Monitoring the Garbage Collection of a node application

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Monitoring a running nodejs application in production is a critical activity which allows detecting applications performance degradation automatically without manually testing and looking at it.

Besides monitoring only the total memory utilisation, the monitoring of Garbage Collection performance over time can expose more information about a potential problem in the application which can lead to a memory leak.

Running a node app with the --trace_gc flag will write GC information to the logs at every GC event. Following is the output after running an example app, e.g. node --trace_gc app.js

From the GC logs you can observe that there are two types of entries:

How to read the GC cycle entries?

Both types of entries contain data separated by single or multiple spaces.

The Scavenge cycle

[30420:0x103e45000] 99 ms: Scavenge 3.8 (5.7) -> 3.3 (8.2) MB, 0.6 / 0.0 ms (average mu = 1.000, current mu = 1.000) allocation failure

The Scavenge entry contains:

The Mark-sweep cycle

[30420:0x103e45000] 8168 ms: Mark-sweep 6.4 (9.7) -> 4.5 (7.1) MB, 2.6 / 0.0 ms (+ 0.2 ms in 3 steps since start of marking, biggest step 0.1 ms, walltime since start of marking 13 ms) (average mu = 1.000, current mu = 1.000) finalize incremental marking via task GC in old space requested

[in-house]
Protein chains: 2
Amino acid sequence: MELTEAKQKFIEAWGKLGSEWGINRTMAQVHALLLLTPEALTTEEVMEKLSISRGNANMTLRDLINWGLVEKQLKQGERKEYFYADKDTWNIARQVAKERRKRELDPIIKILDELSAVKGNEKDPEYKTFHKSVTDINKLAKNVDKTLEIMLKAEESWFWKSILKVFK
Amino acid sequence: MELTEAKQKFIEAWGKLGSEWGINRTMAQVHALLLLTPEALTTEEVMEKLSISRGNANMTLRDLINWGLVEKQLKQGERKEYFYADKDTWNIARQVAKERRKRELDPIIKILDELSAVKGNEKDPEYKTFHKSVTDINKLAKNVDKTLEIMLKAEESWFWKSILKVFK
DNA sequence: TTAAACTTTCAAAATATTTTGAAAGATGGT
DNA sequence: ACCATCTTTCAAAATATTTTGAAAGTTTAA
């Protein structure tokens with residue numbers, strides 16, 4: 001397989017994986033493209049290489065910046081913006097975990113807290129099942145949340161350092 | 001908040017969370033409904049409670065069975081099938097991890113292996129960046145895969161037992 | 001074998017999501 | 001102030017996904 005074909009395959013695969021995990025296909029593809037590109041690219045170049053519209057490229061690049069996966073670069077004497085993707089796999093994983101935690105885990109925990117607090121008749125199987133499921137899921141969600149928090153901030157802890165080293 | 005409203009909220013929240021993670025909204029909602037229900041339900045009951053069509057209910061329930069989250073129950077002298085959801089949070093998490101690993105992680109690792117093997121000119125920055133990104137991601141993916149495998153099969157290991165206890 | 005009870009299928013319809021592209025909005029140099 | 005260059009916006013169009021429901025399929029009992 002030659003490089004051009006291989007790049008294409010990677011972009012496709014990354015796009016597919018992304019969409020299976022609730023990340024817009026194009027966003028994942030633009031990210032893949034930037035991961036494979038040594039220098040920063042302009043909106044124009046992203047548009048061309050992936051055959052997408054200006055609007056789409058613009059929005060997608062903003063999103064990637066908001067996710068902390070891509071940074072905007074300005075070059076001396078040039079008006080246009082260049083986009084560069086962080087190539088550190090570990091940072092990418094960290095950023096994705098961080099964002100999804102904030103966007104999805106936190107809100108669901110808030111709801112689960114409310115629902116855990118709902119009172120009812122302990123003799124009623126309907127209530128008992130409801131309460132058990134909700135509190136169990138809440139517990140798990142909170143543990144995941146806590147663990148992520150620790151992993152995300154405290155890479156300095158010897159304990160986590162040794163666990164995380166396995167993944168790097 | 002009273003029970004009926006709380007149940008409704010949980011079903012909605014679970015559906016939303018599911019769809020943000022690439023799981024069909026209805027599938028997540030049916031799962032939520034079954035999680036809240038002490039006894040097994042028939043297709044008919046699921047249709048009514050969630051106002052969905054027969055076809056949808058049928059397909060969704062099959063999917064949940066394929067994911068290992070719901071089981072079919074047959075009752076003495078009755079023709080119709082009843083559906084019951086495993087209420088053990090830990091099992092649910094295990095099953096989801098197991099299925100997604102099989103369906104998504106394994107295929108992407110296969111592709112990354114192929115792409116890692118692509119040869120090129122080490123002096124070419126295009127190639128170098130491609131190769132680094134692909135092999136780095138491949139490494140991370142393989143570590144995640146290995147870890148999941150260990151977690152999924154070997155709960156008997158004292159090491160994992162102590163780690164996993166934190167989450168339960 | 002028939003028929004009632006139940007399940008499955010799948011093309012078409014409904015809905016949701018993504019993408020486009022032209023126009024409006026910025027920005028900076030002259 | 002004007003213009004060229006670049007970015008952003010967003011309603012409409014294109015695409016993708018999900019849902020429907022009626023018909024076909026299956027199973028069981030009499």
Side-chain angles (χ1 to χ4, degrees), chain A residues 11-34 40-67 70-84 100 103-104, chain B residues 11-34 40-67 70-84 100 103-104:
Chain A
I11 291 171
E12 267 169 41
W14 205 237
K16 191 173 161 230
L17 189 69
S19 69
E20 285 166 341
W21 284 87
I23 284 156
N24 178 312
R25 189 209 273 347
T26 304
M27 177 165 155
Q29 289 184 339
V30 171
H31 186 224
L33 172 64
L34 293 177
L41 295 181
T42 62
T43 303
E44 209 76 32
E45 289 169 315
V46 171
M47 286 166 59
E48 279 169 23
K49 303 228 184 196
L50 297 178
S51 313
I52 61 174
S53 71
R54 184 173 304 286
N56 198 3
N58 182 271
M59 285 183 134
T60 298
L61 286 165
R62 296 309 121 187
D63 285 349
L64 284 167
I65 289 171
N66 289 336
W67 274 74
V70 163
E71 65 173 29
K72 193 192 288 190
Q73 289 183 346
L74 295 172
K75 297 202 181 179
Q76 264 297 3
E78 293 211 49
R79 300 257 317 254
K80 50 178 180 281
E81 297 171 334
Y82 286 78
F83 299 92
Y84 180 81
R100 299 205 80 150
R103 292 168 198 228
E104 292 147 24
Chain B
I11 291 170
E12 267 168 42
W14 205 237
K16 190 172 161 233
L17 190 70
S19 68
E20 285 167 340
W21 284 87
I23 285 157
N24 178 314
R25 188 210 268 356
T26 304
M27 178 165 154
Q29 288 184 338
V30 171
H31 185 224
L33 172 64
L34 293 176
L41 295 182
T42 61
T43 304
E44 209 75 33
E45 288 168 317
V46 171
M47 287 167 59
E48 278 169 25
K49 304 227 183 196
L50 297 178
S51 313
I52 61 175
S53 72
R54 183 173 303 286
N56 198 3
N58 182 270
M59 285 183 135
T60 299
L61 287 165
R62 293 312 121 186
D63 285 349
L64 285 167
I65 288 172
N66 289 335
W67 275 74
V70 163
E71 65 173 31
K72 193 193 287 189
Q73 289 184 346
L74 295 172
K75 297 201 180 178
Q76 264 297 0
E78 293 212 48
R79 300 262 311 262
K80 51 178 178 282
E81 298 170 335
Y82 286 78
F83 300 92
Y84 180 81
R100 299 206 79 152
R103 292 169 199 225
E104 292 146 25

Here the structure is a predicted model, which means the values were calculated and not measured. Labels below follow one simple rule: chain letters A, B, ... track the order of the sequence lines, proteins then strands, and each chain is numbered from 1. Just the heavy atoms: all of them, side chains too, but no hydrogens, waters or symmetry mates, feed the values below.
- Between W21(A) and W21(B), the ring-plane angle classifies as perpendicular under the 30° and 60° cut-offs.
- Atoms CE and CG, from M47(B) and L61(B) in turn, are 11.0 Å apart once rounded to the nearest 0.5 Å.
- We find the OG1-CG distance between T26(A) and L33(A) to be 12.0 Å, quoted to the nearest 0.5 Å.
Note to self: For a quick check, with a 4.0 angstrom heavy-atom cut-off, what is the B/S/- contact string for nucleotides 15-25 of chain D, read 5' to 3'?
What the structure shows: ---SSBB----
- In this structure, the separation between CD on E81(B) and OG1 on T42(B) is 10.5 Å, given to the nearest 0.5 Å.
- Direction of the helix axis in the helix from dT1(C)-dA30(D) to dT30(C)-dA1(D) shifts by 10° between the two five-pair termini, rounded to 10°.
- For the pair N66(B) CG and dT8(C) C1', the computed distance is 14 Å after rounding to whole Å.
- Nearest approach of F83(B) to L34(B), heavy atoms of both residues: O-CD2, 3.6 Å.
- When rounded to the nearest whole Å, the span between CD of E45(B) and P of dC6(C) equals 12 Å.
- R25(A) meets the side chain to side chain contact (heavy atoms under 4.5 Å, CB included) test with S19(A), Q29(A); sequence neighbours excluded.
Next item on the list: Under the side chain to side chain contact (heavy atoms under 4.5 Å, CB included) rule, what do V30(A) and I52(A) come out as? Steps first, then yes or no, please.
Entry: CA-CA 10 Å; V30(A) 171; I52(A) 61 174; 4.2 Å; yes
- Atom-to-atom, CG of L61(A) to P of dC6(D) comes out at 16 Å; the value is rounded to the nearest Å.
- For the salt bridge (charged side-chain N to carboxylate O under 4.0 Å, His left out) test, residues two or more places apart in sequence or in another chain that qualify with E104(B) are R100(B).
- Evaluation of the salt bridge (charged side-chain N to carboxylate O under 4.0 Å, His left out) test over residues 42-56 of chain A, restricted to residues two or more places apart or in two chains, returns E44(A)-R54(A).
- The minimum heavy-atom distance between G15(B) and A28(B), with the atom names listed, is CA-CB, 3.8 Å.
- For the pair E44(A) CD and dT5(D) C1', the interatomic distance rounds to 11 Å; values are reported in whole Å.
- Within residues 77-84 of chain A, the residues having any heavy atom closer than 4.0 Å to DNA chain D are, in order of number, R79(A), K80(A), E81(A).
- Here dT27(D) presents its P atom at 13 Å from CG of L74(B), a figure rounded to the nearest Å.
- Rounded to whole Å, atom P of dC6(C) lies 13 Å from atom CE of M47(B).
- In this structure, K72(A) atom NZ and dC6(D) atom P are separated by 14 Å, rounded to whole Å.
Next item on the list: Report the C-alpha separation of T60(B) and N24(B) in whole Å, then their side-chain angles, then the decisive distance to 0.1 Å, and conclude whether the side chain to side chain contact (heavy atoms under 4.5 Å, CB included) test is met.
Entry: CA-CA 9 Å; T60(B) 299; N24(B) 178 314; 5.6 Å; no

The Mark-sweep entry contains the same data as Scavenge with some extra information regarding the marking phase:

Now that you have enabled monitoring for Garbage Collection cycles of a node app what are some of the indications one should watch after.

Conclusion

Tracking down memory leaks is a challenging activity which cannot be done without data and internal insight about what exactly the application is doing to manage its memory.

Node has a built-in mechanism to output information about V8 engine’s Garbage Collection cycles. Which you can use to monitor how often the GC cycles happen, how long it takes and how much memory it frees up by comparing the total heap used before and after the GC cycle.

Thank you for your attention and if you found this post useful and would like to read more about random web development topics, just clap for this article or drop a comment here. As always you can find me on Twitter@andrejsabrickis

Writing JS, TS, Vue, #C, and fostering teams to release customer value n-times a day. Creator of billid.app and writer on abrickis.me